With falling support and political turmoil, the dictator and president of Iraq, Malik Hassan Zaid al-Asad, had his military leaders devise a strategy to invade Iran during the Iranian Revolution in 1979. The hope was that if Iran fell, no one would be able to question the validity of the al-Asad regime. A week before Iraqi troops prepared to cross the border, American troops invaded Iran to "stabilize" the country. With US troops in Iran, the invasion was called off. al-Asad decided that Syria would then be a better target. Before any real battle plans could be draw, al-Asad ordered the invasion. The invasion caught the Syrian military by surprise, but Iraqi supply lines quickly broke down during the Battle of Deir ez-Zor. Syria managed to recover from the shock and go on the offensive. After defeating the Iraqi Army at Deir ez-Zor (1980), they began to push them back to the border.
With Syrian troops close to the border, retired general, Akbar Khalif Rajaa al-Anfal, was forced back into service. He was given control of the Anbar Army District. When Syrian troops entered the town of Al-Qa'im in western Iraq, General al-Anfal led the Anbar Army against the Syrian. With his victory in Al-Qa'im (1980), General al-Anfal was promoted to the rank of marshal and given control of the Iraqi military.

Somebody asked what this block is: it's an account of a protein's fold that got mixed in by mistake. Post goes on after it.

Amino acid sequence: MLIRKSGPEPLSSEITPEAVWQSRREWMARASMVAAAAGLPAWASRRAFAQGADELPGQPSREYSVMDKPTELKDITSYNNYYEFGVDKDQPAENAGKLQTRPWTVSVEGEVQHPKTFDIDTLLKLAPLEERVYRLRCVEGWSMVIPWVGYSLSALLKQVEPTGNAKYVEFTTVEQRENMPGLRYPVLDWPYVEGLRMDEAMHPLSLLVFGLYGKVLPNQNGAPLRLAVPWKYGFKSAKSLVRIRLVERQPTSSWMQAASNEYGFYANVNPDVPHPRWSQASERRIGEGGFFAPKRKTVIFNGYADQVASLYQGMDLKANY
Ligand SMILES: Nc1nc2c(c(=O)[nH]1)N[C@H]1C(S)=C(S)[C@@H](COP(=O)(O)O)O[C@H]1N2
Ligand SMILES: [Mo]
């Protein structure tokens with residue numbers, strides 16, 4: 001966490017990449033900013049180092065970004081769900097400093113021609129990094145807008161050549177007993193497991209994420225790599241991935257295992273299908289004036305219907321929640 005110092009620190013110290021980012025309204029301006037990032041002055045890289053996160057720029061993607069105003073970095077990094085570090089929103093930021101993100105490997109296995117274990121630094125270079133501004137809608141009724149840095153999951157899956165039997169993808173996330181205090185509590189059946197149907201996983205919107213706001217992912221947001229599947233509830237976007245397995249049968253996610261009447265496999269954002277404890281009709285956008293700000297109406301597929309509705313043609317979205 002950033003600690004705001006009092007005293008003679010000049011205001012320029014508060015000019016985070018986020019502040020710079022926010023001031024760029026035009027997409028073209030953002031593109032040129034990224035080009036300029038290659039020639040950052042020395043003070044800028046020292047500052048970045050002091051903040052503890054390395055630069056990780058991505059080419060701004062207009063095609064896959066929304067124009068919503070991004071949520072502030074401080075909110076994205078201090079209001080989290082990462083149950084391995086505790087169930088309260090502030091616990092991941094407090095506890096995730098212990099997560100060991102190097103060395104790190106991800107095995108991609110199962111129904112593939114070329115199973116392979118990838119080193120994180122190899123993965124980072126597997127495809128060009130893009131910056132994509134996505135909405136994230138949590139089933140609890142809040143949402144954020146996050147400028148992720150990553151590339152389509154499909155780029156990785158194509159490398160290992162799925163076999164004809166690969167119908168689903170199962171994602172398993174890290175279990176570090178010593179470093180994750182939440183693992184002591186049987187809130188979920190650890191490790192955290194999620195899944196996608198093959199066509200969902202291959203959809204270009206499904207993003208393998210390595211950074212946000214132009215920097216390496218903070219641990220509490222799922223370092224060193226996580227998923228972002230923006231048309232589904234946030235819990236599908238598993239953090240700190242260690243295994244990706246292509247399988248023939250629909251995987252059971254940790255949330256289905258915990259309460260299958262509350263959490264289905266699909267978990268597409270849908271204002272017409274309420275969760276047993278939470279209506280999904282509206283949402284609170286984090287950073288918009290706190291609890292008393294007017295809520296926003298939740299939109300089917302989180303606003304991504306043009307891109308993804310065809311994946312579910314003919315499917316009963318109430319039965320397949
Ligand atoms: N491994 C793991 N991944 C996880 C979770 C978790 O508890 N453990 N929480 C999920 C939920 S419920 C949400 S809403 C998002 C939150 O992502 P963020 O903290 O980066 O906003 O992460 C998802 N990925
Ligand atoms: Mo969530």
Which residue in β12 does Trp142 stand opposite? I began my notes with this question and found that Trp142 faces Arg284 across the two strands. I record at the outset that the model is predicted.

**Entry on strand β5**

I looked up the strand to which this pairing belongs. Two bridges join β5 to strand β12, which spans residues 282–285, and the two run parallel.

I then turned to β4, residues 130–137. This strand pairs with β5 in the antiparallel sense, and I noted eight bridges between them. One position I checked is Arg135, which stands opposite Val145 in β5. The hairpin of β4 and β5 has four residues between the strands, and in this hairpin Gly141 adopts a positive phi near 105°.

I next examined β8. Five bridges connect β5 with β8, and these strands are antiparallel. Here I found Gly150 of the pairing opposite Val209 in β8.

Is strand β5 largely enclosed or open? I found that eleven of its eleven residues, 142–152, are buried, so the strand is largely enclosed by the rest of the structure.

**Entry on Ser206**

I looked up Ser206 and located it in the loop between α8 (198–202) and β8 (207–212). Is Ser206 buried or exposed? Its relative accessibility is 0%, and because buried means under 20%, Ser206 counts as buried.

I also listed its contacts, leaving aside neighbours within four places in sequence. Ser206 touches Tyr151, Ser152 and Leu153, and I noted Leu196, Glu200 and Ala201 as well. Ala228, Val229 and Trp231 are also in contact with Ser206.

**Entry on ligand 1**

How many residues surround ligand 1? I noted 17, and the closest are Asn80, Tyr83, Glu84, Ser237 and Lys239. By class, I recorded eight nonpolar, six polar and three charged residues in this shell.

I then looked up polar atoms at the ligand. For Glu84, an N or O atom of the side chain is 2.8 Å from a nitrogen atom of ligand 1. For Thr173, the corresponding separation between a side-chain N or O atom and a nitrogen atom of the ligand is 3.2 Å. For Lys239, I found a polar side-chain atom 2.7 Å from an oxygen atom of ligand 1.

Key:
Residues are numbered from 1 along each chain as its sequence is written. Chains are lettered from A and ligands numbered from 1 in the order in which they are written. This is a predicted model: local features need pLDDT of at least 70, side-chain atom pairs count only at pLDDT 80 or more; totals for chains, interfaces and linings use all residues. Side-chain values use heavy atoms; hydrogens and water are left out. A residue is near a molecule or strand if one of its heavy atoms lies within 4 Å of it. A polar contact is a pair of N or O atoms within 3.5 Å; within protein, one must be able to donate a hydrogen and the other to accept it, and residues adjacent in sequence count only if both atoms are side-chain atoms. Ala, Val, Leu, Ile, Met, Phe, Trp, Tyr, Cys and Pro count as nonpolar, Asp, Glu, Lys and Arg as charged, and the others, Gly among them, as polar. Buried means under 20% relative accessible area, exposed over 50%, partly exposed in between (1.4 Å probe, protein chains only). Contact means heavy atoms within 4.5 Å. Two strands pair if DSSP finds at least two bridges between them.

Iraqi began to recover from its losses in Syria and began to rebuild and go on the offensive again. Marshal al-Anfal began the new offensive against the city of Al-Malikiyah (1981). Syrian resistance of the city was fierce. Iraq managed to take the city, but with greater losses then the defenders. The Iraq army then moved to take Al-Hasakah. Due to the unexpected delays in Al-Malikiyah, the Iraqis didn't arrive in Al-Hasakah until January, 1982. The brave sacrifices made in Al-Malikiyah gave the Syrians enough time to dig in and prepare for the Iraqi onslaught.